Our findings suggest that the Children’s Bureau was a bit too optimistic about the contribution of its programs to the decline in infant mortality. Much of the decline in infant mortality in this period seems to be best explained by a continuation of the trend that began at the turn of the century and was driven by improvements in nutrition, water supplies, and sanitation. Nonetheless, our results show that a number of the activities in which states engaged using Sheppard-Towner funds reduced infant deaths. They also point to which activities generated the most impact, knowledge that policymakers could use to guide modern interventions targeted at reducing infant mortality. Specifically, interventions that were less personal and did not provide a means to follow up with women and children had little impact for both blacks and whites. Itinerant health conferences, where physicians and nurses gave lectures and examined children only once and without means for follow-up care, did not reduce infant deaths. On the other hand, both health centers that provided women and children with an ongoing source of care and home visits from public health nurses did reduce infant mortality, particularly among blacks. Providing educational literature that women could keep in their homes also reduced infant mortality, but not among black women, who were less literate.
Further, our counterfactual calculations do not take into account any cumulative effect of the educational programs provided by Sheppard-Towner. The knowledge a woman gained from a home nurse visit after the birth of her first child likely improved the health of her subsequent children as well. Moreover, to the extent that mothers armed with new information passed this information onto their children, subsequent generations also benefited from Sheppard-Towner.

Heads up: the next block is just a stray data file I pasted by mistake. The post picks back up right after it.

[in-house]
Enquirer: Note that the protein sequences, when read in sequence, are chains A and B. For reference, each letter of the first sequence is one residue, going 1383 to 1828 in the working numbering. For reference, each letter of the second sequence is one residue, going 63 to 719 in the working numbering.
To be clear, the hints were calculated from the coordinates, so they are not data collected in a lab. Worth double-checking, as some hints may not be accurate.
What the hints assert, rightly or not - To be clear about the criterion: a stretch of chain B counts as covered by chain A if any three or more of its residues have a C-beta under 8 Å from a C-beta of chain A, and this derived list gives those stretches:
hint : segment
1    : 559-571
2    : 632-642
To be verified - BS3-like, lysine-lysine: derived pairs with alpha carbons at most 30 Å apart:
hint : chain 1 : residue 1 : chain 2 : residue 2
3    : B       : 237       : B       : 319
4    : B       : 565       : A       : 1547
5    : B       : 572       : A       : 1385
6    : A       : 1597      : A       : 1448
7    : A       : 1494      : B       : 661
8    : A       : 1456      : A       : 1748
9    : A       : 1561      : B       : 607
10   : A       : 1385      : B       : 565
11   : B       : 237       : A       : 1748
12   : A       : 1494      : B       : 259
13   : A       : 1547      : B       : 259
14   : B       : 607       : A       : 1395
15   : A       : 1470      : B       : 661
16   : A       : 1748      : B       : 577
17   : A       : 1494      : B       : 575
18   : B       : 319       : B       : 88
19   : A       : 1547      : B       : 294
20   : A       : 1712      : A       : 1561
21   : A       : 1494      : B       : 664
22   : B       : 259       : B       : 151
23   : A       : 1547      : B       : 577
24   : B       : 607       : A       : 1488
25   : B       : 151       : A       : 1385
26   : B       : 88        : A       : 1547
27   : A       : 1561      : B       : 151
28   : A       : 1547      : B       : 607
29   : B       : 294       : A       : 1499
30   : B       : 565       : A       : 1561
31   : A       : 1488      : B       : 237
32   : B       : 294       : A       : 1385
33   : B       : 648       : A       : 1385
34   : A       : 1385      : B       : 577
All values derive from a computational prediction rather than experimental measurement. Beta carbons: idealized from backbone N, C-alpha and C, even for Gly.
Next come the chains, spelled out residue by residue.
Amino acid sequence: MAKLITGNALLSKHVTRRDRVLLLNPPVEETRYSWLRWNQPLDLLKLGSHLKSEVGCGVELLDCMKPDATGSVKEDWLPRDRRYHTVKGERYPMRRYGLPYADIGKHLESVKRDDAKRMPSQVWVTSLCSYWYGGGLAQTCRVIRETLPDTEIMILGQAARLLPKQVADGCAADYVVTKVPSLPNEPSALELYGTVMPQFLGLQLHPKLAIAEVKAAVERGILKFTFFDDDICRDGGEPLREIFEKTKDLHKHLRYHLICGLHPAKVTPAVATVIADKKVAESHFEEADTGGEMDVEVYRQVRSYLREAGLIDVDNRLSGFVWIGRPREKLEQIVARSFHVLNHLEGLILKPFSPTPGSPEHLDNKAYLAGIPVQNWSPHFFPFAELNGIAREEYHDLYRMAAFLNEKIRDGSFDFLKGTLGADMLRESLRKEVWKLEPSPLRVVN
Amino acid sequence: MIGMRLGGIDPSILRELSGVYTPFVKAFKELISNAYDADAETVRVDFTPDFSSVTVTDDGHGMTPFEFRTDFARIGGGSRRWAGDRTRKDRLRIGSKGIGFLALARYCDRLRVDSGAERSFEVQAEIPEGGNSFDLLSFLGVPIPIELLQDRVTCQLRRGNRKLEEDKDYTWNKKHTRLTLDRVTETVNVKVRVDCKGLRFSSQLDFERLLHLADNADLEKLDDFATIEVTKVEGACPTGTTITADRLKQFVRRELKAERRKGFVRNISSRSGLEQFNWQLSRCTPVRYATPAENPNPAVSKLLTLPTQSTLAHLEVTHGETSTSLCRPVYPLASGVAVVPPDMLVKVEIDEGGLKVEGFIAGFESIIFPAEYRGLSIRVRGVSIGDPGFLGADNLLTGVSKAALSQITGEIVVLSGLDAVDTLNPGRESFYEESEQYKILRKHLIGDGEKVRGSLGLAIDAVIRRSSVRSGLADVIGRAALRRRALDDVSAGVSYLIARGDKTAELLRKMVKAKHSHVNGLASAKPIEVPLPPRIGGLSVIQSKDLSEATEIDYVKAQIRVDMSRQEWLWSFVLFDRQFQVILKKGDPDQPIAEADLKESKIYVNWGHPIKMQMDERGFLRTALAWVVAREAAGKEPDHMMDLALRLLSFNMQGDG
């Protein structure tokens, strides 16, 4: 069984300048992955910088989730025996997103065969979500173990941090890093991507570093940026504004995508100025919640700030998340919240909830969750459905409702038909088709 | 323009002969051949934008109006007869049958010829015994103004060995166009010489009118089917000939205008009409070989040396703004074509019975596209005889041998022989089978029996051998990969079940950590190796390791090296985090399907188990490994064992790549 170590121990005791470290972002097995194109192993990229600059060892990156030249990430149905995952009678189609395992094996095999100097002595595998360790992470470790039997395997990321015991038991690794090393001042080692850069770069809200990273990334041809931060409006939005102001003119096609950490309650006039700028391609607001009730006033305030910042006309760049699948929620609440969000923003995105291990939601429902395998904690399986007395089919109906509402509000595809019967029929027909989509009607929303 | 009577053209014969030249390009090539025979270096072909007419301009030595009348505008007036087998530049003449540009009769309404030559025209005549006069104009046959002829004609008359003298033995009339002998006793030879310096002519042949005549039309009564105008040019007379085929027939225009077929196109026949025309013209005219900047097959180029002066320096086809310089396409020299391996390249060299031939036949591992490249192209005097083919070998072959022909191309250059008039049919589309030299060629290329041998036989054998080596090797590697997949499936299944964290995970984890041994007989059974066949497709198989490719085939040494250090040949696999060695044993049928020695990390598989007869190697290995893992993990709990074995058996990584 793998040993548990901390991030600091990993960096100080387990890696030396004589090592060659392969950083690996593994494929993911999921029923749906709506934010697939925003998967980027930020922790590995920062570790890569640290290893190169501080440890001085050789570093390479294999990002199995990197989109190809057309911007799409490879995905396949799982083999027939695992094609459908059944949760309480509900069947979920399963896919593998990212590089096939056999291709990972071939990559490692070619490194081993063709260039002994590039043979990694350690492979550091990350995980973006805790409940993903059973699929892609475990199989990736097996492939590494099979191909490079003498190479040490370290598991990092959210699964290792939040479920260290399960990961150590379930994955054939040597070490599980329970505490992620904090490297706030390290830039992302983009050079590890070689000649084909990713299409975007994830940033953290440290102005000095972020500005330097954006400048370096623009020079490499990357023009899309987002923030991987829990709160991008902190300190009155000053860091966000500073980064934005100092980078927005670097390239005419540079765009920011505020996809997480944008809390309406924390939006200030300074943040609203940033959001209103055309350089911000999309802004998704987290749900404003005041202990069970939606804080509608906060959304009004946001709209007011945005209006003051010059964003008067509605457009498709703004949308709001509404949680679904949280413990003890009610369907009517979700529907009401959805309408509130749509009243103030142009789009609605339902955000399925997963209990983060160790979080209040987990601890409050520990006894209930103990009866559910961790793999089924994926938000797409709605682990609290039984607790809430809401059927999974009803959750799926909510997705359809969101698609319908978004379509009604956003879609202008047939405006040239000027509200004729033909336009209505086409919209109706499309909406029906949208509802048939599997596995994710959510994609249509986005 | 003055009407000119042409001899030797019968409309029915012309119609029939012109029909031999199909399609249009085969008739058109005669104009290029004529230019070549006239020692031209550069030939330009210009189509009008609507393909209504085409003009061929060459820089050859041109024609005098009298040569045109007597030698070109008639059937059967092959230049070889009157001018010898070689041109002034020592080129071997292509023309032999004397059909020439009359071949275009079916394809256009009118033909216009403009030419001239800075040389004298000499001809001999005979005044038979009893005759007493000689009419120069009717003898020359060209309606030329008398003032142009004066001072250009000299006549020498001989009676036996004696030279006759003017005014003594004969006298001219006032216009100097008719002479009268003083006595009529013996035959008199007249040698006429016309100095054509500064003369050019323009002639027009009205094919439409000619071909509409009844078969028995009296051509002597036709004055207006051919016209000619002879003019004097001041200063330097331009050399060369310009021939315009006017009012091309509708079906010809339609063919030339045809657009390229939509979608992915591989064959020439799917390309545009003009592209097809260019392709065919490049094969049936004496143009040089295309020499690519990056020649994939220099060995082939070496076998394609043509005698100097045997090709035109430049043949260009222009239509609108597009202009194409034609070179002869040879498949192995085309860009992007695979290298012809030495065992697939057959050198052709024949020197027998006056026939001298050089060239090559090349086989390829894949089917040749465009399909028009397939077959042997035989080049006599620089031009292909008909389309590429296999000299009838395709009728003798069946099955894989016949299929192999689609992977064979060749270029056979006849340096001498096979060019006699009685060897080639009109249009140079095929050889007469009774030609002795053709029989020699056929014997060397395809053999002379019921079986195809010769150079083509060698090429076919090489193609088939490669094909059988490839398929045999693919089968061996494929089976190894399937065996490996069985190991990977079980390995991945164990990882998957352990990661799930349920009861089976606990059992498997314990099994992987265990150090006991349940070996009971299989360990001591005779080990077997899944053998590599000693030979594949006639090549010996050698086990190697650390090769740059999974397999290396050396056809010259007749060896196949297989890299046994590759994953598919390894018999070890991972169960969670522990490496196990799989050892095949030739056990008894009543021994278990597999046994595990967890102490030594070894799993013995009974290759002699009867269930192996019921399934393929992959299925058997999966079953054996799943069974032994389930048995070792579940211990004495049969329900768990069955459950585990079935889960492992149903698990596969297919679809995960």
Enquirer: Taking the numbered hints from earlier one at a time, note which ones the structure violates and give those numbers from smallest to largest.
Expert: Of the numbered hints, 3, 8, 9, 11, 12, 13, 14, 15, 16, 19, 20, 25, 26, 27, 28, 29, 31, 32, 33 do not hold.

Unfortunately, we do not have good data on how much these specific interventions cost, so we cannot systematically calculate cost-benefit ratios. We can, however, make some speculative calculations based on the pieces of data that are available. For instance, Ohio paid its five public health nurses $9,000 each in 1927. Assuming that the state spent $45,000 annually on public health nursing, the 19,146 visits by public health nurses that year would have cost $2.35 per visit on average (Ohio Director of Finance 1927:88). Our findings suggest that increasing nurse visits by 1 standard deviation (or 23 per 1,000 population) reduced infant mortality overall by 1.8 deaths per 1,000 births. Given the population and fertility rate of Ohio in 1927, this would mean that an additional infant could have been saved for about $1,600 (about $20,400 in 2010 dollars).
The authors thank seminar participants at the 2011 Cliometric Society meetings, the University of Colorado, the University of Michigan, the University of Chicago, and Chapman University. The authors assume all responsibility for any errors or omissions.
Infant mortality trended strongly downward despite the fact that the BRA continued to expand until 1932 and many of the states that entered later had higher mortality rates than earlier entrants. Figure 1 also plots infant mortality for only those states that were in the BRA as of 1915 to show that the addition of later states does not obscure the strong downward trend. We include this graph to illustrate the trend in infant mortality, but we acknowledge that there are difficulties associated with comparing infant mortality across time, as discussed in Condran and Murphy (2008).
Prior to Sheppard-Towner, the federal government had also provided money to states to assist in venereal disease control and prevention under the Chamberlain-Kahn Act of 1918.
See, for instance, Bill and Melinda Gates Foundation (2013).
For more discussion of the political economy of Sheppard-Towner, please see Ladd-Taylor (1994), Lemons (1969, 1990), Lindenmeyer (1997), Meckel (1990), Moehling and Thomasson (2012), and Skocpol (1994).